27th January 2017
We spend a lot of our time pulling ourselves into tight little worlds, fearing dissolution, dreading death. The Buddhist sees death as a little drop of water dissolving back into the ocean, and that image has not always seemed too alluring to this substantial ego.
But then you get dropped into a seething mass of humanity 200,000 strong, and it makes your heart soar. It makes you cry.
It's where you belong, not in your own little corner but as one beat in a massive moving human pulse. E Pluribus Unum. It's loud, and it's uncomfortable, but it is wonderful.
I had all but given up on the chance to walk in any of the women's marches last Saturday. My plans for DC fell through and then true to Colorado form the weather closed in and made driving to the nearest city of Denver a scary prospect. But at the last minute someone couldn't go on a bus I was eleventh on the waiting list for, and off I went at 3am, hardly knowing what I was going towards, only knowing that I had to go. I had no sooner got off the bus in Denver when someone from a radio station put a microphone in my face and forced the issue: Why on earth was I there?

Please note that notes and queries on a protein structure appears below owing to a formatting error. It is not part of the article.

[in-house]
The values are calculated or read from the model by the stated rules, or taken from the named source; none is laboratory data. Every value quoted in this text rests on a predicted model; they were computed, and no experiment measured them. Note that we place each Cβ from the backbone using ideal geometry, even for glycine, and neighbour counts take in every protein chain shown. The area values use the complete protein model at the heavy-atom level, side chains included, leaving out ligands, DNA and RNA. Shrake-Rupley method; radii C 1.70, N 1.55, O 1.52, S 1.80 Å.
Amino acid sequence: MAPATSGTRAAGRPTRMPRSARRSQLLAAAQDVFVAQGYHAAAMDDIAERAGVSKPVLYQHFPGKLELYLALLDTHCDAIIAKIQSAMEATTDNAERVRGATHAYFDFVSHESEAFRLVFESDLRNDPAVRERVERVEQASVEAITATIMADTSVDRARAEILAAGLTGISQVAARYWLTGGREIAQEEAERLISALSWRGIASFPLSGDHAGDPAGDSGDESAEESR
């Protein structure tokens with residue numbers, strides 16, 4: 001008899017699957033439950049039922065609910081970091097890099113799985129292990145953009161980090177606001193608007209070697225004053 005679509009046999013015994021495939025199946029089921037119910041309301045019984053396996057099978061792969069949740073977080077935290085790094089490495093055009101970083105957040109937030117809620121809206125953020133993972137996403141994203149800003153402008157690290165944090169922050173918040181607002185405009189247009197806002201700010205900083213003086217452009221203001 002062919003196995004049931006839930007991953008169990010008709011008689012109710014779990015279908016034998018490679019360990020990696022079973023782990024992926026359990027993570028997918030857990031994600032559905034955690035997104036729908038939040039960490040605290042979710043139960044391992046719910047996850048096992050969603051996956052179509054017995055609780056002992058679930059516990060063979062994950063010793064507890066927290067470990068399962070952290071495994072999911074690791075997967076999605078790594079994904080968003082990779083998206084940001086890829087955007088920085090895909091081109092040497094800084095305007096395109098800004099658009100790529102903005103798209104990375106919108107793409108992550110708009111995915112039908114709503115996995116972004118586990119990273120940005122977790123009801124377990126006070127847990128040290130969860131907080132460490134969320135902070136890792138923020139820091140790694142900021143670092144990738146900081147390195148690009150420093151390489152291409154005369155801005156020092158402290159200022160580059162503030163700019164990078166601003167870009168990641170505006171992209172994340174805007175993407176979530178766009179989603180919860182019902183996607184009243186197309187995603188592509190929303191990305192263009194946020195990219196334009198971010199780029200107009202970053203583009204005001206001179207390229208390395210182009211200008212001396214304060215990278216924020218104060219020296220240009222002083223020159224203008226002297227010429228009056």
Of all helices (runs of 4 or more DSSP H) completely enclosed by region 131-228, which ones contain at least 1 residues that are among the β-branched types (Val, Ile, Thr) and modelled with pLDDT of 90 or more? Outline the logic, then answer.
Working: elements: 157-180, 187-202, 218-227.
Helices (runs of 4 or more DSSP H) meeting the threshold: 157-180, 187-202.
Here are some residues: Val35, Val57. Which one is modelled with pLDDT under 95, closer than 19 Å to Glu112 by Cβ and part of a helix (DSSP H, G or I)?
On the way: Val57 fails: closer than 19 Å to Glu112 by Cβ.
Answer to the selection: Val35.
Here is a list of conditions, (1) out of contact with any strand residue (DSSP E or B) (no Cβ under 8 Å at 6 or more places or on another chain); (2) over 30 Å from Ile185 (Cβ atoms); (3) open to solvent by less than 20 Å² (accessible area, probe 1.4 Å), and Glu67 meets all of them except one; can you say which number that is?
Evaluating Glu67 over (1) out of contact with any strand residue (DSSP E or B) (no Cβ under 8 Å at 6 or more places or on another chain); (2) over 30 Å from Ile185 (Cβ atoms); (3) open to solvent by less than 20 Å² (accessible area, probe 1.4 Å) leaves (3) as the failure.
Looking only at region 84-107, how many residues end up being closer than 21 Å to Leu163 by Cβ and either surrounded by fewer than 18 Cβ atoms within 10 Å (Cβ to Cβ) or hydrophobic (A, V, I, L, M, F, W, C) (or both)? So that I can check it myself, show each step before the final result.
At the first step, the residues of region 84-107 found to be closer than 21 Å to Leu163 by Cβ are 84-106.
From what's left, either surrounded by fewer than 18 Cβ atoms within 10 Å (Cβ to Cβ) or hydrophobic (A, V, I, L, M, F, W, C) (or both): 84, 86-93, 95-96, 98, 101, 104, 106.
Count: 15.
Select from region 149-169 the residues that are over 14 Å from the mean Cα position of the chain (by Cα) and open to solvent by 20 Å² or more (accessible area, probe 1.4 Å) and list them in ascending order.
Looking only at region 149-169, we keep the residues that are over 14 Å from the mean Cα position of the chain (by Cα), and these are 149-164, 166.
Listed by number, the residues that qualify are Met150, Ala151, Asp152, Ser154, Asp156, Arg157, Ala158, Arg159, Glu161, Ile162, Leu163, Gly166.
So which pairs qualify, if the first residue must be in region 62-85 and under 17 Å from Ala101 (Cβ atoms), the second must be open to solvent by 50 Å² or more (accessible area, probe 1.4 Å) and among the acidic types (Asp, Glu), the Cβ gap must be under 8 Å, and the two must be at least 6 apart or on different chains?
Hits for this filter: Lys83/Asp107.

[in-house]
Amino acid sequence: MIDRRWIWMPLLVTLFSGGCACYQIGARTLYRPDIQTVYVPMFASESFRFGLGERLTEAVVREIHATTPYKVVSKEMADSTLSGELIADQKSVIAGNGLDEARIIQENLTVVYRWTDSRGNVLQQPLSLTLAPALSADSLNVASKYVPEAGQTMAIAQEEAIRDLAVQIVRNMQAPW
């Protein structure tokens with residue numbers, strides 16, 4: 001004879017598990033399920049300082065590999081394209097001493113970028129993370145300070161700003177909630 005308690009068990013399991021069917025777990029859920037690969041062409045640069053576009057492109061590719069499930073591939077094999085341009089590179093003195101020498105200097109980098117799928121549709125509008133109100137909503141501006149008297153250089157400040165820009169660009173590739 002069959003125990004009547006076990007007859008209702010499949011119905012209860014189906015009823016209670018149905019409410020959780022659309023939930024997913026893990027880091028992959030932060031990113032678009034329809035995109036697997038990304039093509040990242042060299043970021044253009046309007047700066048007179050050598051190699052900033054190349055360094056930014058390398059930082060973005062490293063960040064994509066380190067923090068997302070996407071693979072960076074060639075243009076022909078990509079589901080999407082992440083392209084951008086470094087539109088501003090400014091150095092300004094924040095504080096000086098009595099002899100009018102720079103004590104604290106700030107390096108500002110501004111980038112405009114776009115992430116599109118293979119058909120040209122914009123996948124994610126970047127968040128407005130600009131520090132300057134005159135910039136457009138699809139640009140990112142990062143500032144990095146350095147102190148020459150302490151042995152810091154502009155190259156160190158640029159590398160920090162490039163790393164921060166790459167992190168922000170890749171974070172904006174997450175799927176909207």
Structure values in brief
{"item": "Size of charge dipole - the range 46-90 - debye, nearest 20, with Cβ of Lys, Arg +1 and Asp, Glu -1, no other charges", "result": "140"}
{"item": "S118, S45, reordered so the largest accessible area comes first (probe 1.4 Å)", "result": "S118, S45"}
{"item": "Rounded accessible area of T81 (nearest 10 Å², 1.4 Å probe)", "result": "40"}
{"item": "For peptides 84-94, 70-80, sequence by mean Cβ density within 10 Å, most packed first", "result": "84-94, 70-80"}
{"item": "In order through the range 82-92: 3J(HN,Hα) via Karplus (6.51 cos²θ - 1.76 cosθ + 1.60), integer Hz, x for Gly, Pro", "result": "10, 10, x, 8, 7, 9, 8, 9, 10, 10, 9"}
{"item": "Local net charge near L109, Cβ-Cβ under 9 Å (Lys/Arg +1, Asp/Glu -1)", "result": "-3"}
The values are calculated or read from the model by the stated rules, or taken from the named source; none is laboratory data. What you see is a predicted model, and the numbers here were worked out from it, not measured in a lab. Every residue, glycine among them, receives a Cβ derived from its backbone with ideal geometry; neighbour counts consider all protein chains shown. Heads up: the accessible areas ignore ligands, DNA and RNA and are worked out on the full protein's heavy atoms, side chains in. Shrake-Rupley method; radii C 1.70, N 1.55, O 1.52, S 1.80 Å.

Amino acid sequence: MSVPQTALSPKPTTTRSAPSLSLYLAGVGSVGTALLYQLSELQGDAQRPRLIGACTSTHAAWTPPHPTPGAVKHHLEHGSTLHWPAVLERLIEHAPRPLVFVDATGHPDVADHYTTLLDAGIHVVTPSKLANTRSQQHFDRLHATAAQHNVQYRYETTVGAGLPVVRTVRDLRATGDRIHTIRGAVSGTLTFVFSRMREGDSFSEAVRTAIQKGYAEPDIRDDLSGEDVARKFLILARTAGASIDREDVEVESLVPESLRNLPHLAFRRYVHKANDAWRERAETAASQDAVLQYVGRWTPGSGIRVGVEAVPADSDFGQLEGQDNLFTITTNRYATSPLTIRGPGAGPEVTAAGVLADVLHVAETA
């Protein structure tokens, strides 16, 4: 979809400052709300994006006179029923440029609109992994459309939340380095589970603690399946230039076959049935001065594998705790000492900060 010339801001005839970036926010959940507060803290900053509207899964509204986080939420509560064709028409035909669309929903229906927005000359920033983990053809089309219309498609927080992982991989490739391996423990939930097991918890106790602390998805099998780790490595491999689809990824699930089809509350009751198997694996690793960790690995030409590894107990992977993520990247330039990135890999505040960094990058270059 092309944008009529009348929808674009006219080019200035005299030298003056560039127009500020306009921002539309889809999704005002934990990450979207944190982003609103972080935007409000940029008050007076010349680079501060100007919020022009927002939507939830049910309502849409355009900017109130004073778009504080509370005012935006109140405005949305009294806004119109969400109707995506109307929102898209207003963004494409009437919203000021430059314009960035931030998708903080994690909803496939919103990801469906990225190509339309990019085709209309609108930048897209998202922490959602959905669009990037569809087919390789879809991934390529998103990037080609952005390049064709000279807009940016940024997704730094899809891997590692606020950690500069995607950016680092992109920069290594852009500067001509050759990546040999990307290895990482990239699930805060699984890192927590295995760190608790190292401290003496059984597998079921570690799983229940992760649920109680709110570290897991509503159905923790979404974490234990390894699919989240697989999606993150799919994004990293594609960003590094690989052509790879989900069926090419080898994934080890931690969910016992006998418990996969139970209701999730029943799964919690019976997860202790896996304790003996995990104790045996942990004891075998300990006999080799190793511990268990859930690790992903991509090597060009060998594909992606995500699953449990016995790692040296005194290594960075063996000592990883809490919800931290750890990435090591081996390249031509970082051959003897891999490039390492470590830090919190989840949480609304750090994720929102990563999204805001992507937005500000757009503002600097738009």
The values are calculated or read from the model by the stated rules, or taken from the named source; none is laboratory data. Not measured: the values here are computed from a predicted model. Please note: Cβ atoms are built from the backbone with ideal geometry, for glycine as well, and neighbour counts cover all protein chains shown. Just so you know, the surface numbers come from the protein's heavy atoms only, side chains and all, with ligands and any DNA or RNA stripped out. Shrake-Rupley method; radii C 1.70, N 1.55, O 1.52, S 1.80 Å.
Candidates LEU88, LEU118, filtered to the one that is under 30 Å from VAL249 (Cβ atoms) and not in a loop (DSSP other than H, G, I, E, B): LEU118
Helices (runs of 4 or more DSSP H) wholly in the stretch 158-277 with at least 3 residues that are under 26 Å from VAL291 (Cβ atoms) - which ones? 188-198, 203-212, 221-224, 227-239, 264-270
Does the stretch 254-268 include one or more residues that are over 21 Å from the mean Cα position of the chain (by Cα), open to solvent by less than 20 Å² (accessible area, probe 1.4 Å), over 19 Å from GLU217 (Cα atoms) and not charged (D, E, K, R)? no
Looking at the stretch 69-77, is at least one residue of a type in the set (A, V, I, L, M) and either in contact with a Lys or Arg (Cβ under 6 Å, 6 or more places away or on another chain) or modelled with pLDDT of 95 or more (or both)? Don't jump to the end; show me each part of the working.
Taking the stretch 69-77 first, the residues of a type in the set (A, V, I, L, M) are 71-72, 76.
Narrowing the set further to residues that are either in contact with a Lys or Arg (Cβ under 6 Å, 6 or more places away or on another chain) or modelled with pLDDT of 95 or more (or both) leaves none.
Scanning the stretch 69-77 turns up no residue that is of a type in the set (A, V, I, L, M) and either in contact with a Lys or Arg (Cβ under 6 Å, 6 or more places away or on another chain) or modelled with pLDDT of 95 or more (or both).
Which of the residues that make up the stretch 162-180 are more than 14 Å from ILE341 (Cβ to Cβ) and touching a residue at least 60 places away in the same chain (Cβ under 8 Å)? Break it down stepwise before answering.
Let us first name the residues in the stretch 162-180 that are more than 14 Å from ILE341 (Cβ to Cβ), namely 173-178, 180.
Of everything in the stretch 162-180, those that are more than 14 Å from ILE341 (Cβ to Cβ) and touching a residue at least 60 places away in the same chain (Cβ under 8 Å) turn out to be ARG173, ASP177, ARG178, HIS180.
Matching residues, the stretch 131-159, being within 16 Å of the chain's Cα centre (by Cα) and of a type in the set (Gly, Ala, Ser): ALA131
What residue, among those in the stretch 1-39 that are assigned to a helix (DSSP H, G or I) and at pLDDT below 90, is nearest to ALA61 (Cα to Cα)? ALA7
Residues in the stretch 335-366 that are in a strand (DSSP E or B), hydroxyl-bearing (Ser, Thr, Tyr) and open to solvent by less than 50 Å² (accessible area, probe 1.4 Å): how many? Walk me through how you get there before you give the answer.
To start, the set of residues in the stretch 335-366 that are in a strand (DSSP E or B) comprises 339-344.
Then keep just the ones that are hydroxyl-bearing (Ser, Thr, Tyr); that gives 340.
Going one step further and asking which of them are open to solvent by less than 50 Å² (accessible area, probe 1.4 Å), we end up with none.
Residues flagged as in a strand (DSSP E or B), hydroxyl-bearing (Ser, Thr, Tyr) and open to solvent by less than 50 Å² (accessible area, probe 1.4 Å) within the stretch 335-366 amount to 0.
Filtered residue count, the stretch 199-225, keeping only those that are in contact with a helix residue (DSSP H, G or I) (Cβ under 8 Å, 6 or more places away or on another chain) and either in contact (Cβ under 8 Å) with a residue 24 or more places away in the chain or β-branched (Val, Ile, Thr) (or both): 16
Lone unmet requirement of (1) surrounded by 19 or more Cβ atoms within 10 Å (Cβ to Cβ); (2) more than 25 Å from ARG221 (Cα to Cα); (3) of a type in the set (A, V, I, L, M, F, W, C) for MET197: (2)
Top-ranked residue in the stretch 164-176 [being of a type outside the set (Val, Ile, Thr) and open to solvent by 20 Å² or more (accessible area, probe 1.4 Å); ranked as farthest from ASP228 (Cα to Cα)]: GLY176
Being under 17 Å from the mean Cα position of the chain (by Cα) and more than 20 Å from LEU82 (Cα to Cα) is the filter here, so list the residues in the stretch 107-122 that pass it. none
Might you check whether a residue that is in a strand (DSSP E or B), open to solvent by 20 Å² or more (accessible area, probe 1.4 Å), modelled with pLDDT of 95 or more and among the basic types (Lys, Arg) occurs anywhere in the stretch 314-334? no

This is what I said, not eloquent, because it was freezing at 8am in the Mile High City, and anyway, I hadn't really formulated the issue for myself. I said, "There's nothing much to be done about Donald Trump now but show solidarity against another male hierarchy. Woman have lived under male hierarchies for two thousand years, and it's time for a paradigm change."
I was wrong, of course. I vastly underestimated how long the male hierarchy thing has been going on. You have to go back to the moment in history those Israelites decided to take on their war god, El, as supreme God and make him plural, Elohim. Ex Uno Plures. Male God, male hierarchy. Across the world this happened. The goddess was seen as weak and discarded.
But, hey, she's back!
There was nothing weak about the three million women who took on Predator in Chief Trump this last weekend. They came in the name, not of one male god, but with one female voice. I was there, and it was a wonderful.